Fall of 1987 arrives (September/October) and the next song to play on the radio was "RAW". I have to say from the first verse to the last verse, it was perfection. If people didn't know who Kane was in "Rhymin with the Biz", they were well aware of who he was after dropping "RAW". I still had to keep my excitement down. Sure he dropped 2 songs that were mind blowing, but 2 songs don't make you "G.O.A.T."
      It was February/March of 1988. People are still feeling the effects from the "Paid In Full" album. "Aint No Half Steppin" is now playing . At this point in time, people are now saying to themselves like how I felt when I first heard Kane, "Who the "F" is that!!". It is now May/June of 1988 and lo and behold, "Set It off" drops on people's heads. "I can sneeze, sniffle, or cough. Even if I stutter, I'm a still come off!".
      At this point in time. Kane has the World's attention. The conversation has now shifted from "the "Paid in Full" album is the greatest I've heard" to "Who is better, Rakim or Kane" and "Did you just hear what Kane just said on that last verse". What put Kane over the top was the famous posse cut ever to drop, that he participated in. That was the "Symphony". "The mood to groove with the smooth rap lord. Like a bottle of juice, rhymes are being poured. Down your ear, crisp and clear, as I prepare , to wear, tear and smear, then I'm outta here."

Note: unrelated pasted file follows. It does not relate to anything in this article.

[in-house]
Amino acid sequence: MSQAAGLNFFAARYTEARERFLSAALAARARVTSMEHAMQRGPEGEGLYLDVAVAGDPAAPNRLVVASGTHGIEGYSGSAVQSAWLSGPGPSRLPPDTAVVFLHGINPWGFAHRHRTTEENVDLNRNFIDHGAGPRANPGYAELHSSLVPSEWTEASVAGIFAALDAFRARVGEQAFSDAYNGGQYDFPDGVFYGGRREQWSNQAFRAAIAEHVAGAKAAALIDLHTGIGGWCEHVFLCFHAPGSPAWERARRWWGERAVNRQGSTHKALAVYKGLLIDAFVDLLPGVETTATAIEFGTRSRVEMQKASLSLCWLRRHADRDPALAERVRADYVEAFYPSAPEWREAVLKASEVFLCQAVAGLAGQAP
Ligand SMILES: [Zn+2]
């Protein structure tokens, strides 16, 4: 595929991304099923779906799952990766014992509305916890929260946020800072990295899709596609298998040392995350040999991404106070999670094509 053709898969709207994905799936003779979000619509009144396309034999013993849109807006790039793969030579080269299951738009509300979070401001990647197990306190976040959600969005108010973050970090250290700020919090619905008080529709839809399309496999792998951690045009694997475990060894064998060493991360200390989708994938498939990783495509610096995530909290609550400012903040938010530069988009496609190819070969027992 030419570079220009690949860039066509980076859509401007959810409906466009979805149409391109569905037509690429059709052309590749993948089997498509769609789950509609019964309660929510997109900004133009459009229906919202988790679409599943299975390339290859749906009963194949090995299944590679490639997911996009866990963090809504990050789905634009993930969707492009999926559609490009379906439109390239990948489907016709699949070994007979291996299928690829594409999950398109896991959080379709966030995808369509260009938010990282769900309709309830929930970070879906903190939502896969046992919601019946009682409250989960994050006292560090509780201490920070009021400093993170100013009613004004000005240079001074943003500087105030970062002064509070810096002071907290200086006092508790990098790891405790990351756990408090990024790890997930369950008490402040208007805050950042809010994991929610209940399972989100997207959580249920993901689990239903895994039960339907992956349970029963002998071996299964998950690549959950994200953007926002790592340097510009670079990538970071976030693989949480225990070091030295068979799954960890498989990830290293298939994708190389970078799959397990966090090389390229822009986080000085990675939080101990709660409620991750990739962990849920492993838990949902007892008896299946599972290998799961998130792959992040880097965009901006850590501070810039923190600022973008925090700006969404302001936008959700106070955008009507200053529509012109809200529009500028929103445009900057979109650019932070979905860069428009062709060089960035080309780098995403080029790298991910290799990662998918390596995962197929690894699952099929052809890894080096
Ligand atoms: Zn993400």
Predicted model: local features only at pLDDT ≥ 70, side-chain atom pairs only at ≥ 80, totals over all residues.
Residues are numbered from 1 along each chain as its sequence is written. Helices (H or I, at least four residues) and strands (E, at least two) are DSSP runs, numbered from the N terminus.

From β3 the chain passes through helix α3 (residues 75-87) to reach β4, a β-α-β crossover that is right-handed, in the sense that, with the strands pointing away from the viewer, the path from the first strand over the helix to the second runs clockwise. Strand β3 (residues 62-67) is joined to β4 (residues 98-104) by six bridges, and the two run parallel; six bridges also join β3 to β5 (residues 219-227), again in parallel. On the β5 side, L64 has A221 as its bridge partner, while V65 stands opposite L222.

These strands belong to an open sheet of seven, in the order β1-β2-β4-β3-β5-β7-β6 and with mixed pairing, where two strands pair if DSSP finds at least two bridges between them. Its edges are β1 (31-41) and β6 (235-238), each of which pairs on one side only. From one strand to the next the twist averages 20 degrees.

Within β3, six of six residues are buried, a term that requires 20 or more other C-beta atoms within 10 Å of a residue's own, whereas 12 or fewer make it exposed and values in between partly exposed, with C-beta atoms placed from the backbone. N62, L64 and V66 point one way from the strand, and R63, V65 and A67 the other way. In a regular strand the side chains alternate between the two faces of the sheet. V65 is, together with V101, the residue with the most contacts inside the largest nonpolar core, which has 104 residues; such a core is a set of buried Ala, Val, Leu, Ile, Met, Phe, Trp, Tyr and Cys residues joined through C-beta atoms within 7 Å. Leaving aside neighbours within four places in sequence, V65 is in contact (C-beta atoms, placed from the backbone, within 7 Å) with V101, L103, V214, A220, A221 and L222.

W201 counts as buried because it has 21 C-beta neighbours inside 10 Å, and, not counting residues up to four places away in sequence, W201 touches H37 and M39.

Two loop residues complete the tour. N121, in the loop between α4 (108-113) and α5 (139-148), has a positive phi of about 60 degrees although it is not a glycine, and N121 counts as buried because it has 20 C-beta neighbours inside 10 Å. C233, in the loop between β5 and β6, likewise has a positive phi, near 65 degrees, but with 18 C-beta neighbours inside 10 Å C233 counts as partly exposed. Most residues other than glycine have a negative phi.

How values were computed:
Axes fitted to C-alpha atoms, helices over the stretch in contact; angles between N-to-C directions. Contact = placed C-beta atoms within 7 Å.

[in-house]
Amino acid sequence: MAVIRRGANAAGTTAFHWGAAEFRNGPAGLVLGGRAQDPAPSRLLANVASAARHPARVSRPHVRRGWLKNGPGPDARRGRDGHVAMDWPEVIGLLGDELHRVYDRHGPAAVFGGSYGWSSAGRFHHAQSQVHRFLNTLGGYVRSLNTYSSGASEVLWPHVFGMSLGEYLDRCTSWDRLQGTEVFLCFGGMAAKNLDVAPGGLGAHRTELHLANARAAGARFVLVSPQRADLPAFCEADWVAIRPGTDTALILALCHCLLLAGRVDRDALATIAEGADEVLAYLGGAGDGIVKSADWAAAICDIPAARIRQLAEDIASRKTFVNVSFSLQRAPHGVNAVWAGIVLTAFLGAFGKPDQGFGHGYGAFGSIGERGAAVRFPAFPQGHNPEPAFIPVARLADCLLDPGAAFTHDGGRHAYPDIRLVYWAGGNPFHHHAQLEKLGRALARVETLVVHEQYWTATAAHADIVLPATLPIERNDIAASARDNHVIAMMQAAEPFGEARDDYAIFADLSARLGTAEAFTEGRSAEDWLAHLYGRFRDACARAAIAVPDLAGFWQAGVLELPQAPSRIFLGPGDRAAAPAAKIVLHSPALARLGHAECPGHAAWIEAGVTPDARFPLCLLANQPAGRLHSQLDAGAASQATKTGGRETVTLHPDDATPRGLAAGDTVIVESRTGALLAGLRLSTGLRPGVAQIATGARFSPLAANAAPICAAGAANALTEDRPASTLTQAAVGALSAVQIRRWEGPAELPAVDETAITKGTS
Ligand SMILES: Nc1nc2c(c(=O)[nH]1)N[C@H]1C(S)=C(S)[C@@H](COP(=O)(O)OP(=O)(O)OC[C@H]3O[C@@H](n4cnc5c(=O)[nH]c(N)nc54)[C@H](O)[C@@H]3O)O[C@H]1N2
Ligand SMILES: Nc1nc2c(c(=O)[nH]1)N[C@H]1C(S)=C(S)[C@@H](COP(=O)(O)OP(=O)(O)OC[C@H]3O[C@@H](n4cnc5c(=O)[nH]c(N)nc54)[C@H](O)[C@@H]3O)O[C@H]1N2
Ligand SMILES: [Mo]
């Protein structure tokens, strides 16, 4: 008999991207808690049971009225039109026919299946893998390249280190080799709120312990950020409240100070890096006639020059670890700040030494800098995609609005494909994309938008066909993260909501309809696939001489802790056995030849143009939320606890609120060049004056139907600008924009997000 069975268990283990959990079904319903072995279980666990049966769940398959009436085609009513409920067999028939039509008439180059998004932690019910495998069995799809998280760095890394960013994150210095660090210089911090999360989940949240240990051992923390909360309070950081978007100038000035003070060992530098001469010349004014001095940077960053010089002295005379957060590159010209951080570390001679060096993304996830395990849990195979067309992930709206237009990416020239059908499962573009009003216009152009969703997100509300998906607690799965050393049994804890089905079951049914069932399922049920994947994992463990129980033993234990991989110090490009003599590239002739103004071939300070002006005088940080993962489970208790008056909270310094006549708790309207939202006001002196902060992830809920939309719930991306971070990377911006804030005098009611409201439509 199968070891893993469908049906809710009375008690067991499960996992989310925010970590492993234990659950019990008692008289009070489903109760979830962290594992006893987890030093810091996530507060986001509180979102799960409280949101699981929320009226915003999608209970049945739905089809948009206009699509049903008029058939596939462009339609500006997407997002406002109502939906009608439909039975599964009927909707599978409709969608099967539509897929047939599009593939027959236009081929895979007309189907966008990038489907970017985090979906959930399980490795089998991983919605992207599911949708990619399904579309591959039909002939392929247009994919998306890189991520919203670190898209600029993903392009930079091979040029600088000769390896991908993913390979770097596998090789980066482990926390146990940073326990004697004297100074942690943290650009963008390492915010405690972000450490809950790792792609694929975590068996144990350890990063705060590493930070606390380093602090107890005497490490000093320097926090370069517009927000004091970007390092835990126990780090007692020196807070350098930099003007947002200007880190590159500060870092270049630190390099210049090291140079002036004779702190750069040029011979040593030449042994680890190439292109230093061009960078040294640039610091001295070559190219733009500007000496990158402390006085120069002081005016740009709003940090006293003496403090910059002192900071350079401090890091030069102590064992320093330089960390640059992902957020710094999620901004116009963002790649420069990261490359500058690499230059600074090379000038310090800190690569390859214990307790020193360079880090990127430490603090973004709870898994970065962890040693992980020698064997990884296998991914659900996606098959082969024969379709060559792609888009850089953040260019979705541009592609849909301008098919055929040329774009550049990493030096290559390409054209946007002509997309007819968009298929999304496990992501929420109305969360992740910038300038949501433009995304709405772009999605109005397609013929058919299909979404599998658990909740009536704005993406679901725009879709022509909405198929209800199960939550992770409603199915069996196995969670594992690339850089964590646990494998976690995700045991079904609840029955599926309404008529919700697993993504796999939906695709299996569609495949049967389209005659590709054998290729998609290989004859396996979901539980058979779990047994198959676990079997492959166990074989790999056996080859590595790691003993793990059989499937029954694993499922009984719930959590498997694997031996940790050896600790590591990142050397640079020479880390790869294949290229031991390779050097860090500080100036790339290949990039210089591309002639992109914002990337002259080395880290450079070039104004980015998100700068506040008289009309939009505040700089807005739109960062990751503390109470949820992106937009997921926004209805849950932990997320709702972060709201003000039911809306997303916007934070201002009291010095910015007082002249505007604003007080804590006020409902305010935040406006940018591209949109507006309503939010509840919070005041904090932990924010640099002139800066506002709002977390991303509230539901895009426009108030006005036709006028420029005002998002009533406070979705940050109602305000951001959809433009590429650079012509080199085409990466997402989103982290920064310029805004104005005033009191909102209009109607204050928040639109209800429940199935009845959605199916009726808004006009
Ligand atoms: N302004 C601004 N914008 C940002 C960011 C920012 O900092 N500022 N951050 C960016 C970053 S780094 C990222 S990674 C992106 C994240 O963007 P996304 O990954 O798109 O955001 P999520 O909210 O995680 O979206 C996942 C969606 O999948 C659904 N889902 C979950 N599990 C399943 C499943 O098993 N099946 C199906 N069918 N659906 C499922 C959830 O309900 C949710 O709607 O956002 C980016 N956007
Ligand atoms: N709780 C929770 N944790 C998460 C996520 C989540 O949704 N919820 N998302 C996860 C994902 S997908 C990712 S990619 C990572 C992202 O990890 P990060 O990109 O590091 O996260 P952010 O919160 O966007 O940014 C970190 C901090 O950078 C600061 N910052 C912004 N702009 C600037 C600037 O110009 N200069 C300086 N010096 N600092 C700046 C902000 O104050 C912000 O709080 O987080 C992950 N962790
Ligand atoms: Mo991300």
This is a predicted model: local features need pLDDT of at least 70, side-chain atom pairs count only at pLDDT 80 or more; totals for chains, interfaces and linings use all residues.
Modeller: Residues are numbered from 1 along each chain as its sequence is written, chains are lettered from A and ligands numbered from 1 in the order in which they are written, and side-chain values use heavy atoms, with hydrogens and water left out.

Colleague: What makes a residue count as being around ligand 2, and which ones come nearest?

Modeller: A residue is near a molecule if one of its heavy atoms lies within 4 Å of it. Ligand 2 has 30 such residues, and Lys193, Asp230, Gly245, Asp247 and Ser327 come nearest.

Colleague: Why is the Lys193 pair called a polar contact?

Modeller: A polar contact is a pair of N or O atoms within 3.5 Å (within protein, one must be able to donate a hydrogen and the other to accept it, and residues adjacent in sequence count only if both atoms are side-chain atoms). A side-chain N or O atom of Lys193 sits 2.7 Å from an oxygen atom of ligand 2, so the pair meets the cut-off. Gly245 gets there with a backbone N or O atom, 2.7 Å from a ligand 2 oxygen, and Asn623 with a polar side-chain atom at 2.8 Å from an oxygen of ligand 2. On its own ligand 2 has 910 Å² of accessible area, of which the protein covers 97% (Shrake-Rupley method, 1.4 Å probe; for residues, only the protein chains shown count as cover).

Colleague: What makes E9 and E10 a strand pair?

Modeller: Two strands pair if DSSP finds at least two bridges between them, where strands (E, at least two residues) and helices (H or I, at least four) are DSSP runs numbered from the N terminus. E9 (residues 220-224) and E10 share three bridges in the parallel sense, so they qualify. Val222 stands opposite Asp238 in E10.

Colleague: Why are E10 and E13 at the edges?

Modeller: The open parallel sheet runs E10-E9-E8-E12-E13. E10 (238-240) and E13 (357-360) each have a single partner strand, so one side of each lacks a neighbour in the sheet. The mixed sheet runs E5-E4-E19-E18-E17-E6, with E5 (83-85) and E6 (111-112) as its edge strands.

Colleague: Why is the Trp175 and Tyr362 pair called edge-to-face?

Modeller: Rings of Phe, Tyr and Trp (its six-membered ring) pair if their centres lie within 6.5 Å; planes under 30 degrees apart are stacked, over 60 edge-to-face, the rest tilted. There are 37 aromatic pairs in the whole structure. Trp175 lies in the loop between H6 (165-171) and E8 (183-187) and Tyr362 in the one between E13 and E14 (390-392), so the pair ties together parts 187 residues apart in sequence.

The point that I am trying to make is simple. Rakim will forever be the greatest rapper of all time in making great rap songs. He will forever be respected by his peers as well as the newer generation of mc's. However, I strongly believe that Rakim needs to put his Ego in check when he voices his opinion on a battle between him and Kane. When people are asked if Rakim and Kane battled, who would win. People's responses are based on the songs that come out. There is nothing wrong with that. But, battles are not won on wax. They are won in places like the "Lyracist Lounge" or places where they have a crowd of people in an auditorium of some sort, and a dj playing a cut of a song and both mc's go at it back and forth. You can come in with rhymes ready made, spit off top of your head, or however, you do it. Right there, in that kind of environment, is where battles are fought, won and lost at.
      There have been no reports of Rakim ever having a battle of that kind. Sure, people can say, "Well that's because no one wanted to battle him." If you want to hold onto that notion, then that is your right. Now with Big Daddy Kane. There have been reports of him battling mc's in that situation and won all of his. Don't believe me? On google, just type in big daddy kane vs Jazz Fresh. You can even hear the crowd in Philly laughing at Jazz Fresh getting burned by Kane.